Comment Re:personhood (Score 3, Insightful) 420

I don't understand this argument, unless a corporation is a Borg-like entity to which the component persons surrender their individual rights and indepedent intention. That is not the case in our society, so granting "free speech" rights to corporations gives the leaders of those corporations all of their individual free-speech rights, plus extra free-speech privileges through the corporate structure. Put another way, the government (which creates corporations to begin with) could regulate the ever-livin' hell out of 'em, and that wouldn't affect an actual human-person's free-speech rights one whit.

On the other hand, when a certain American political party advances that argument, I tend to take it as further evidence that they really do want workers to have no rights...

Comment Re:hipaa violation as well? (Score 5, Interesting) 590

That's not how our legal system works, though. With limited exceptions*, juries are the finders of fact and judges are the finders of law. In this case, the question of whether the man committed the tort of intentional infliction of emotional harm is a question of fact and thus would go to the jury. If they said yes, then the remedy for the damage caused be the tort is a question of law and thus is a matter for the judge. (In this case, the remedy is enjoining him to delete the blog and to refrain from further writing about the particular topics relating to his ex.) It is entirely appropriate, in our court system, for the judge to make such orders.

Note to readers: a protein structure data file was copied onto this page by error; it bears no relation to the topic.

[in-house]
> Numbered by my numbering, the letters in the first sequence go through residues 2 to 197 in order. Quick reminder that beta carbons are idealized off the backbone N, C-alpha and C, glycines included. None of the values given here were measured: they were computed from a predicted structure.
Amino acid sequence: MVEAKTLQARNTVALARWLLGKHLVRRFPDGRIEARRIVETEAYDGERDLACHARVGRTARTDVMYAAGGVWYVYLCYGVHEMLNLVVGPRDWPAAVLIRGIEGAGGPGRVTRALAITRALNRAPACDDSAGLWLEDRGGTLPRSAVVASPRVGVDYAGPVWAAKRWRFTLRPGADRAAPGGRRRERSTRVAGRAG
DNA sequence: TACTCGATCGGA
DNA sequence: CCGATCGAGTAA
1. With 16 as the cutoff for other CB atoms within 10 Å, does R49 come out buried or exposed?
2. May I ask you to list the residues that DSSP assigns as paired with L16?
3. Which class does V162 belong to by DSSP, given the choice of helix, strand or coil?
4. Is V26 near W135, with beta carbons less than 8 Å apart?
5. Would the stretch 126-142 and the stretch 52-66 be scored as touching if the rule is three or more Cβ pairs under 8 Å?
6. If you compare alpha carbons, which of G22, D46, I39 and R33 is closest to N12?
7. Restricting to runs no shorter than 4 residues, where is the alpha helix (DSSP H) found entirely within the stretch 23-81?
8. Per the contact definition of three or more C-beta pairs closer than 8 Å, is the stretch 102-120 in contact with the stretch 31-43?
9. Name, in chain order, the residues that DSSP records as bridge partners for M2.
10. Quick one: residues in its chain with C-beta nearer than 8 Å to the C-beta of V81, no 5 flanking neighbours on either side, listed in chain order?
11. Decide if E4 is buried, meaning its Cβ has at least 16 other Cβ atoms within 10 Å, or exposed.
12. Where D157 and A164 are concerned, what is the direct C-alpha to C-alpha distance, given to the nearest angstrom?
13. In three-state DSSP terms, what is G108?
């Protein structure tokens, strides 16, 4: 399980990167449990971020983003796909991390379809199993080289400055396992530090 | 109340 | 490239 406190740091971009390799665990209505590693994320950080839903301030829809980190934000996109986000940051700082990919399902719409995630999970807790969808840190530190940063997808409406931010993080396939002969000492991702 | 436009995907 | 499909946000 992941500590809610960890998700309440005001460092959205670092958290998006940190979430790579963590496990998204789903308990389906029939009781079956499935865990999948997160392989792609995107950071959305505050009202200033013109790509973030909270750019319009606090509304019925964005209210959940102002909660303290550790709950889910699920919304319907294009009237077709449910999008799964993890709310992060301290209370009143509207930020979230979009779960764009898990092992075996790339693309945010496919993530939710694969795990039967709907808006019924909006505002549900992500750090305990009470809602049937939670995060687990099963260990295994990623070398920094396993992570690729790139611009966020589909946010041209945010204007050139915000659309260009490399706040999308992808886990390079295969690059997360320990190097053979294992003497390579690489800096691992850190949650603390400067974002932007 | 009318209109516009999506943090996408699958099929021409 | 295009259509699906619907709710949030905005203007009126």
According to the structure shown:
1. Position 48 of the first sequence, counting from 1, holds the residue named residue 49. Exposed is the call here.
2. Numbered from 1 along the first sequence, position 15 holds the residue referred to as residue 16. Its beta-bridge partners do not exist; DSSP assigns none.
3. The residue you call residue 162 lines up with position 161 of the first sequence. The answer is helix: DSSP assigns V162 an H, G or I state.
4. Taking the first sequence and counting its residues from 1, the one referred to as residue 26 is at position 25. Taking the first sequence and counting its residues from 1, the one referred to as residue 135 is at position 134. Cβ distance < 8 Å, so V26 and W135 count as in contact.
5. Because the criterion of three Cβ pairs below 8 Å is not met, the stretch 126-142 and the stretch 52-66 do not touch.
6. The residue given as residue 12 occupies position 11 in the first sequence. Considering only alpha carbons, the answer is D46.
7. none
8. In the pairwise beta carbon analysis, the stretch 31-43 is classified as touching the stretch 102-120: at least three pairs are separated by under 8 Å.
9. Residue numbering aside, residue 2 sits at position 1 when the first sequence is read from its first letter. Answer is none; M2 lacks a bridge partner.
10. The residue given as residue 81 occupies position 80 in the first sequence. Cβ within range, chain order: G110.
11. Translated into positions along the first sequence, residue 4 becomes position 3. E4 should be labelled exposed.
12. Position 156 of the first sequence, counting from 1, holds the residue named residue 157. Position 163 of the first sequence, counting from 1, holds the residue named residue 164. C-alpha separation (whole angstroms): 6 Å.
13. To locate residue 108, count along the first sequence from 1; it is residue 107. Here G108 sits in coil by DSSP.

Personally, I have no problem with this order. A ruling by a court is a very, very different thing than an act of an executive or legislative body. Rulings by courts of original jurisdiction generally have little precedential power (i.e. they don't bind other courts; one ruling does not stare decisis make) and they are much easier to fight and undo than a statute or executive order. Also, it is entirely consistent with centuries-old doctrines regarding harassment and innumerable previous rulings which have not destroyed free speech. Adding "...on the Internet" does not make it a new and troubling concept.

* Trivia: Wisconsin's constitution makes juries the finders of fact and law in libel cases.


Submission + - Faster-than-Light Neutrino Mystery Likely Solved